So Will and I had to stop thinking of this as “our” home. As we make upgrades we have to refrain from stamping our personality onto it. We must restrain our “trivial preferences,” as Cicero would say.

This space belongs to the renters. We’re just the guardians, the caretakers.

Cicero’s lesson actually works to our advantage.

As I described in the previous chapter of this series, the house is lopsided. The floors and walls slant towards the centre, and the foundation is sinking into the ground.

I worried this would be a turn-off to tenants. Who wants to live in a lopsided house?

Turns out, tenants don’t care about that. Tenants and owners have different interests.

Owners care about the structural stability of the foundation. Tenants want to know how much the utilities cost each month.

If I could make one major upgrade to the house, it would be to get the floors and walls as level as possible. If I could make a second major upgrade, it would be to replace the piping or to move some walls around so that the human traffic flow is more intuitive.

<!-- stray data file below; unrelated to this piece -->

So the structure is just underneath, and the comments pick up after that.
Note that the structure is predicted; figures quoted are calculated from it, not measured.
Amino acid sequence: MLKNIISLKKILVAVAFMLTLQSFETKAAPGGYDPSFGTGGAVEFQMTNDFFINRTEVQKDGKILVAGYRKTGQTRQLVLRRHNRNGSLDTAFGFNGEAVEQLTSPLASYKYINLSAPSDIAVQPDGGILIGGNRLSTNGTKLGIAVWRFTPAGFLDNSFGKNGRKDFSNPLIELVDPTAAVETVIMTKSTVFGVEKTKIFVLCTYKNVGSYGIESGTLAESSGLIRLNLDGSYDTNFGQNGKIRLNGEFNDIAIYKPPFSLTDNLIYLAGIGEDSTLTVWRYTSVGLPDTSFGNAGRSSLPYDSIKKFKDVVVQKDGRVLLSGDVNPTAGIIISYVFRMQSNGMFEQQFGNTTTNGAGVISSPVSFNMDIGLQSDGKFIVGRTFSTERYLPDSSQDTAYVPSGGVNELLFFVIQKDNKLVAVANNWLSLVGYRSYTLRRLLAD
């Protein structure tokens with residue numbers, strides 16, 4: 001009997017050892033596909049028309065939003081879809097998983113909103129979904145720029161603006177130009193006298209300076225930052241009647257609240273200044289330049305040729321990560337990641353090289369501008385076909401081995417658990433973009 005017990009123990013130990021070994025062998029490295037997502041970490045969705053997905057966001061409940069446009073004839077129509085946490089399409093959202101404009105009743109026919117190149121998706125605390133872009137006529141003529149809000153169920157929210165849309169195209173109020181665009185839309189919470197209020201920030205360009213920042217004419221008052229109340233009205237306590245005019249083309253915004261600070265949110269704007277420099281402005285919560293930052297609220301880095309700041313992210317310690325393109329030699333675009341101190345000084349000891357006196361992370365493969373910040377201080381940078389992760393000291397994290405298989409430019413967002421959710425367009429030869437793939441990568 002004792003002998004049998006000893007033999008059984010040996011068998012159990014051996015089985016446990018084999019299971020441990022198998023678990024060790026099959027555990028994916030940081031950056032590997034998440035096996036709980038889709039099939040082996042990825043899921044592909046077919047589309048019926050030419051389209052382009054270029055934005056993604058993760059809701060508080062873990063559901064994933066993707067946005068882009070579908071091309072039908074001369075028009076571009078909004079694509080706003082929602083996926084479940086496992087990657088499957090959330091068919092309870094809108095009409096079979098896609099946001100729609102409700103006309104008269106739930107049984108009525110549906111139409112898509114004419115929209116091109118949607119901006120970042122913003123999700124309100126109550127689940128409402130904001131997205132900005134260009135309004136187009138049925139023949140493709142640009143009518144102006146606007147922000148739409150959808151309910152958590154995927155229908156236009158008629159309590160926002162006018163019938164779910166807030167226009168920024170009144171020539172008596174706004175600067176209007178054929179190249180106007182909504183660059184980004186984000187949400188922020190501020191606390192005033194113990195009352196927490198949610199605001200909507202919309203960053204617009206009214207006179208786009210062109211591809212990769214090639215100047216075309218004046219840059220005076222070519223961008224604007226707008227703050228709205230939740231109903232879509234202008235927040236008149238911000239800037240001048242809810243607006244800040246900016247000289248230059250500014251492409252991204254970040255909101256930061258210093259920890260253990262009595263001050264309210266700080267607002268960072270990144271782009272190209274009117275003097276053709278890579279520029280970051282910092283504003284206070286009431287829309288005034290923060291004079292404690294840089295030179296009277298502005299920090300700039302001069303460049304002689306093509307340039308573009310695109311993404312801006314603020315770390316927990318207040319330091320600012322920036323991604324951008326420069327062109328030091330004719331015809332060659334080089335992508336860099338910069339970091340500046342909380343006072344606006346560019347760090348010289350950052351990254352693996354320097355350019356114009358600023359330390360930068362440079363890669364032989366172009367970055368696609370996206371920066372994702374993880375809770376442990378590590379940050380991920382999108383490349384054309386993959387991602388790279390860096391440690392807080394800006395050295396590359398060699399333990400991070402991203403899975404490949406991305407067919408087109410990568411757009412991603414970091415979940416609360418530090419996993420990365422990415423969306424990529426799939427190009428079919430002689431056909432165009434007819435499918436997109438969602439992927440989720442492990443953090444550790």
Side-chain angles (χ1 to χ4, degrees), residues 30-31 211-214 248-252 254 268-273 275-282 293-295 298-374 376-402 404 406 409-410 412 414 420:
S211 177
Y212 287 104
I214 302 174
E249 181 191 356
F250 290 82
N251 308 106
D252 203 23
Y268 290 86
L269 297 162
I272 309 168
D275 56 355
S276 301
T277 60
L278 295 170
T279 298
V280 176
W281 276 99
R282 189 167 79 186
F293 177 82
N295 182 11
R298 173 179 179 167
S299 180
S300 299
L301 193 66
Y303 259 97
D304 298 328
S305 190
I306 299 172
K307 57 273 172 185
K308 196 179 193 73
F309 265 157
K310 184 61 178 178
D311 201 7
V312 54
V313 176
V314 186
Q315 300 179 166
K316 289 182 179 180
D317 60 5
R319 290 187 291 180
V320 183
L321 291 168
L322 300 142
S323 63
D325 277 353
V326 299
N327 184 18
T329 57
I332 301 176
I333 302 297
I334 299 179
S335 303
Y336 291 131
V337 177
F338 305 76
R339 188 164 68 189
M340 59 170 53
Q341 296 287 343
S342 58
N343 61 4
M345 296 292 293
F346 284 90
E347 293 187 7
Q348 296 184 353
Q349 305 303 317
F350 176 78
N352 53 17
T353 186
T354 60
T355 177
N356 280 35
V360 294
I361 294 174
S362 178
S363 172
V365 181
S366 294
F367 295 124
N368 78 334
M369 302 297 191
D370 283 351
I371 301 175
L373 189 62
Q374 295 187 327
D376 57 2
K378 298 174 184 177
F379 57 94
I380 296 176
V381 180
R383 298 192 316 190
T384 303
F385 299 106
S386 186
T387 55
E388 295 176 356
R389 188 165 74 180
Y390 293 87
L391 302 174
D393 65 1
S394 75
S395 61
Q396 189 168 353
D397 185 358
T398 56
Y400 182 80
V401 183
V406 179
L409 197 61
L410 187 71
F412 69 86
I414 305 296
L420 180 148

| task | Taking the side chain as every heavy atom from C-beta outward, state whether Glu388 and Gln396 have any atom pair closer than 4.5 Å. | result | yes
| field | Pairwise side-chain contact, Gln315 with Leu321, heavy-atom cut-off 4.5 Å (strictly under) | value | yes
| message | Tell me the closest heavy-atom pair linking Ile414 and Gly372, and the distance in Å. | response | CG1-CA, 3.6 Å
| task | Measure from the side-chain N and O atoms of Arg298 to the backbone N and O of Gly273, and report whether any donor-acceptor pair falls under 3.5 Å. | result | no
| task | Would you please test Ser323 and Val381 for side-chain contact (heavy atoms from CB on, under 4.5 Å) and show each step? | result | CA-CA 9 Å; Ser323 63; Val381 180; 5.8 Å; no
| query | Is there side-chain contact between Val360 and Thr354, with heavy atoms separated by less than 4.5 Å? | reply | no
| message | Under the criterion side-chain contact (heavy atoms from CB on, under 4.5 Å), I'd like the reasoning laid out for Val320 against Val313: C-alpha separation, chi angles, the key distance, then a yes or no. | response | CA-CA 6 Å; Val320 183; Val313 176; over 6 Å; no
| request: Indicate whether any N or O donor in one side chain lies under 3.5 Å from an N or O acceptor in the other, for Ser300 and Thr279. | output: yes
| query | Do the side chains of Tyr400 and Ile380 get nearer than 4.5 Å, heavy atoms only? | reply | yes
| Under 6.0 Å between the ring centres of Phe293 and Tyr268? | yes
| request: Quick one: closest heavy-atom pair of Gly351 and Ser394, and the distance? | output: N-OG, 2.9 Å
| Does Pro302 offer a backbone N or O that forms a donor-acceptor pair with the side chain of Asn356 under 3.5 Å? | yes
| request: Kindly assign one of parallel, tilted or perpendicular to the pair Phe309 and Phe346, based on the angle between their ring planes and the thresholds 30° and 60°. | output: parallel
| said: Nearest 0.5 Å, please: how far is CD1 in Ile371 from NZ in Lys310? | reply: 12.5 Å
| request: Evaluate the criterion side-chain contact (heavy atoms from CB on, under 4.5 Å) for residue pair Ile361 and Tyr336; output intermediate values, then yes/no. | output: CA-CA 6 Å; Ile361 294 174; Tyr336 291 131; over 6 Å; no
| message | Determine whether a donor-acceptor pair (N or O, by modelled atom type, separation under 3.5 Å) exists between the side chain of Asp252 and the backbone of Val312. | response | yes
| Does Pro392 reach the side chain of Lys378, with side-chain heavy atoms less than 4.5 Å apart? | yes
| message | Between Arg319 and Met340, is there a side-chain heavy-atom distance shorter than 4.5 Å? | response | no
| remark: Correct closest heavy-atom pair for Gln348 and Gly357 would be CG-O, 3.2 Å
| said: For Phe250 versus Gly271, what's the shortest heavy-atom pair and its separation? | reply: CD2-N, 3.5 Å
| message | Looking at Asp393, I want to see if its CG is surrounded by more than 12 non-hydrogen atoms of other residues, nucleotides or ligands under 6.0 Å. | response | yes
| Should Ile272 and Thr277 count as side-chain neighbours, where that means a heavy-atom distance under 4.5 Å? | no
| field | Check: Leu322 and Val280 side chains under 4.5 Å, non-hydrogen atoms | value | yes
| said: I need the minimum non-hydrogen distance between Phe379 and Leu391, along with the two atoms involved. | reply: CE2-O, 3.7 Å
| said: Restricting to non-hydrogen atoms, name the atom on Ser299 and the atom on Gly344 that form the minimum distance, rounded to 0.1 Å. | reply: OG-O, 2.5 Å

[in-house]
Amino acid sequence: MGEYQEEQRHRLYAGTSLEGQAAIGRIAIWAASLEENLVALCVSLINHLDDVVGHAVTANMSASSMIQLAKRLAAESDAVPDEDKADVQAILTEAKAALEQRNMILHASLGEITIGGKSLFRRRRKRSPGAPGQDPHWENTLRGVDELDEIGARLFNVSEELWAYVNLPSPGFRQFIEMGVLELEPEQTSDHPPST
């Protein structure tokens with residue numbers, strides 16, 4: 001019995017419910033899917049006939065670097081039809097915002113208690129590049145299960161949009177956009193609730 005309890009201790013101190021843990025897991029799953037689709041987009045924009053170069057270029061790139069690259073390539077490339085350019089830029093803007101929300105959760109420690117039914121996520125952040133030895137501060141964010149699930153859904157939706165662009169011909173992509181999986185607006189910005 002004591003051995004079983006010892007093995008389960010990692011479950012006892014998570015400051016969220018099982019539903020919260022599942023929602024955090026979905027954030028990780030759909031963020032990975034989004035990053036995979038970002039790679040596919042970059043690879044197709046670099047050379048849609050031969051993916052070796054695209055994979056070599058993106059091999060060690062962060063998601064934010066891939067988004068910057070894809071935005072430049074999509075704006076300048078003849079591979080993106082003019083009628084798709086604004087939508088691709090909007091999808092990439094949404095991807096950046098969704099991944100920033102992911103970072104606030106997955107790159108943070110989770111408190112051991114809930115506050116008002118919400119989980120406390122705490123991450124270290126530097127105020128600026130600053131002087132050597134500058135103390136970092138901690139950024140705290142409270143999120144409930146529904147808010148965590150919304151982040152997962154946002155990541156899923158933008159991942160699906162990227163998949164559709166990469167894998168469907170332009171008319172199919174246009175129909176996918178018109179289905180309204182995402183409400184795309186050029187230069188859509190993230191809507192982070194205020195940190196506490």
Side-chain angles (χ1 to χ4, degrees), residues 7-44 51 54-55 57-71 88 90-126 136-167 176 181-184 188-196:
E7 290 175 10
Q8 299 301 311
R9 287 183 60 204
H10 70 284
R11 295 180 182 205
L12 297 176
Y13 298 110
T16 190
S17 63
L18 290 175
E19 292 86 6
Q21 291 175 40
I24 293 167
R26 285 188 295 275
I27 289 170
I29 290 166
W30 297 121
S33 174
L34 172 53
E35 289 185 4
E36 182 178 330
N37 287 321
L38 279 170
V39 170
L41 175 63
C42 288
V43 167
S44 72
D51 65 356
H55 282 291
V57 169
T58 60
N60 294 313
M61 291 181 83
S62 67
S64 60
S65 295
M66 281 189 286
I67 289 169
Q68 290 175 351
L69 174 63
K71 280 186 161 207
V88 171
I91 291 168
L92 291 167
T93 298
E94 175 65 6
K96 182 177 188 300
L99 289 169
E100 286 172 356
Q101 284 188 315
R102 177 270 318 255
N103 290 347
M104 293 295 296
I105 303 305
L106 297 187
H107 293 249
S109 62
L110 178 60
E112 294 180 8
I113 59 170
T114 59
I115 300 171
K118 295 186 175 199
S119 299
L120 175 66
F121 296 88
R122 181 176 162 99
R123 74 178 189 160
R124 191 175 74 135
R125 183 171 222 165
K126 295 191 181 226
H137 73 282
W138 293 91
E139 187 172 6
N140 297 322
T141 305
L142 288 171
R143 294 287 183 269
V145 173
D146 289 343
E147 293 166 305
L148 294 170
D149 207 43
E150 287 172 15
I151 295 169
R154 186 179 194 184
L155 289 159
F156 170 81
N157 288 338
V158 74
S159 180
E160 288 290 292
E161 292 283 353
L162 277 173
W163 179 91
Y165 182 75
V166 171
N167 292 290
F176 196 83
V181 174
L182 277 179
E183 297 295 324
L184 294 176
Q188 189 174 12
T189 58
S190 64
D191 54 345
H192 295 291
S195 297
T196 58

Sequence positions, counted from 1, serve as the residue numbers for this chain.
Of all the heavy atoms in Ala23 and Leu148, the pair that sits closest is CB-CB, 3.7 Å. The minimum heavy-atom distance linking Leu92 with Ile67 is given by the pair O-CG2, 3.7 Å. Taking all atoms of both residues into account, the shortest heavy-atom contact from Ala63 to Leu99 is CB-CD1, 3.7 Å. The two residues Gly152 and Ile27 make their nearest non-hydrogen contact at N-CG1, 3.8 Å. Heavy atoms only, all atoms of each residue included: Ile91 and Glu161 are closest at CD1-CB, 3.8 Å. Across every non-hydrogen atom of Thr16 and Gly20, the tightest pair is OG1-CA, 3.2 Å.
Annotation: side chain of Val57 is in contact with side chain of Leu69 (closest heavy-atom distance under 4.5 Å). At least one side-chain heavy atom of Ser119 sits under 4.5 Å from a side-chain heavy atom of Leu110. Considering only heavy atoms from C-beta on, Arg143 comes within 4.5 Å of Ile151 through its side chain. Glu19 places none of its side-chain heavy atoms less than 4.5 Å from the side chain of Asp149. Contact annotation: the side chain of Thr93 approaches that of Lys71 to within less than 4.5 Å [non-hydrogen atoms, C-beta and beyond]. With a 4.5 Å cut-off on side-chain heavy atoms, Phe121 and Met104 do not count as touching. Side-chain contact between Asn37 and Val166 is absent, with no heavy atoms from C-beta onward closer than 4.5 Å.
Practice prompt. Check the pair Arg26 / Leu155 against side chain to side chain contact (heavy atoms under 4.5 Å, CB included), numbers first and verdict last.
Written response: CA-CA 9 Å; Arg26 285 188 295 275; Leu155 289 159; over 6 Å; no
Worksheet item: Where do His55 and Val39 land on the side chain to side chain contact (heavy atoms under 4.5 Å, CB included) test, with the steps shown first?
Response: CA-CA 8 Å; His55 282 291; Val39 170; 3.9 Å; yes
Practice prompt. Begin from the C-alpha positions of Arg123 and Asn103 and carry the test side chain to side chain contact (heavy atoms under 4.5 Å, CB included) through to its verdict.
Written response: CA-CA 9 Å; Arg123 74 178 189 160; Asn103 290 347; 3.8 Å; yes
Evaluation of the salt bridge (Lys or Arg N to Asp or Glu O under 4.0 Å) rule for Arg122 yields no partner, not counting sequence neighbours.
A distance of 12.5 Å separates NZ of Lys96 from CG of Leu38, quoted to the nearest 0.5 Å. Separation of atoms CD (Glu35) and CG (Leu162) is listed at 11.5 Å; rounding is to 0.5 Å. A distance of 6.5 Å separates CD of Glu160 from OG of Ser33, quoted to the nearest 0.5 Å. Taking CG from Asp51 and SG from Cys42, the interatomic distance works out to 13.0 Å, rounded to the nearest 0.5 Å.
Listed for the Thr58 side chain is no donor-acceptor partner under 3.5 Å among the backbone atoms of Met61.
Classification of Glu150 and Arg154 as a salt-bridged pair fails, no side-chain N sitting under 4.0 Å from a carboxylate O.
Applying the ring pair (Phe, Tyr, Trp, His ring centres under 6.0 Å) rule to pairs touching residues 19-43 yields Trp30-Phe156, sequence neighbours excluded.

That’s not what tenants want. Tenants want a nicer dishwasher.

Which is great news for me. A new dishwasher is easy to install. A major foundational shift is much tougher.

This makes it easy to rent the space. Washer and dryer in every unit? Done. Motion-activated security lights? Done. More insulation so that your utility bills are lower? Done.

These are relatively cheap and easy upgrades – and these are the upgrades tenants care about the most.

Cicero also said one of mankind’s mistakes is “the delusion that personal gain is made by crushing others.” Two millennia later, bestselling author Stephen Covey (7 Habits of Highly Effective People) rephrased this more succinctly: create win-wins.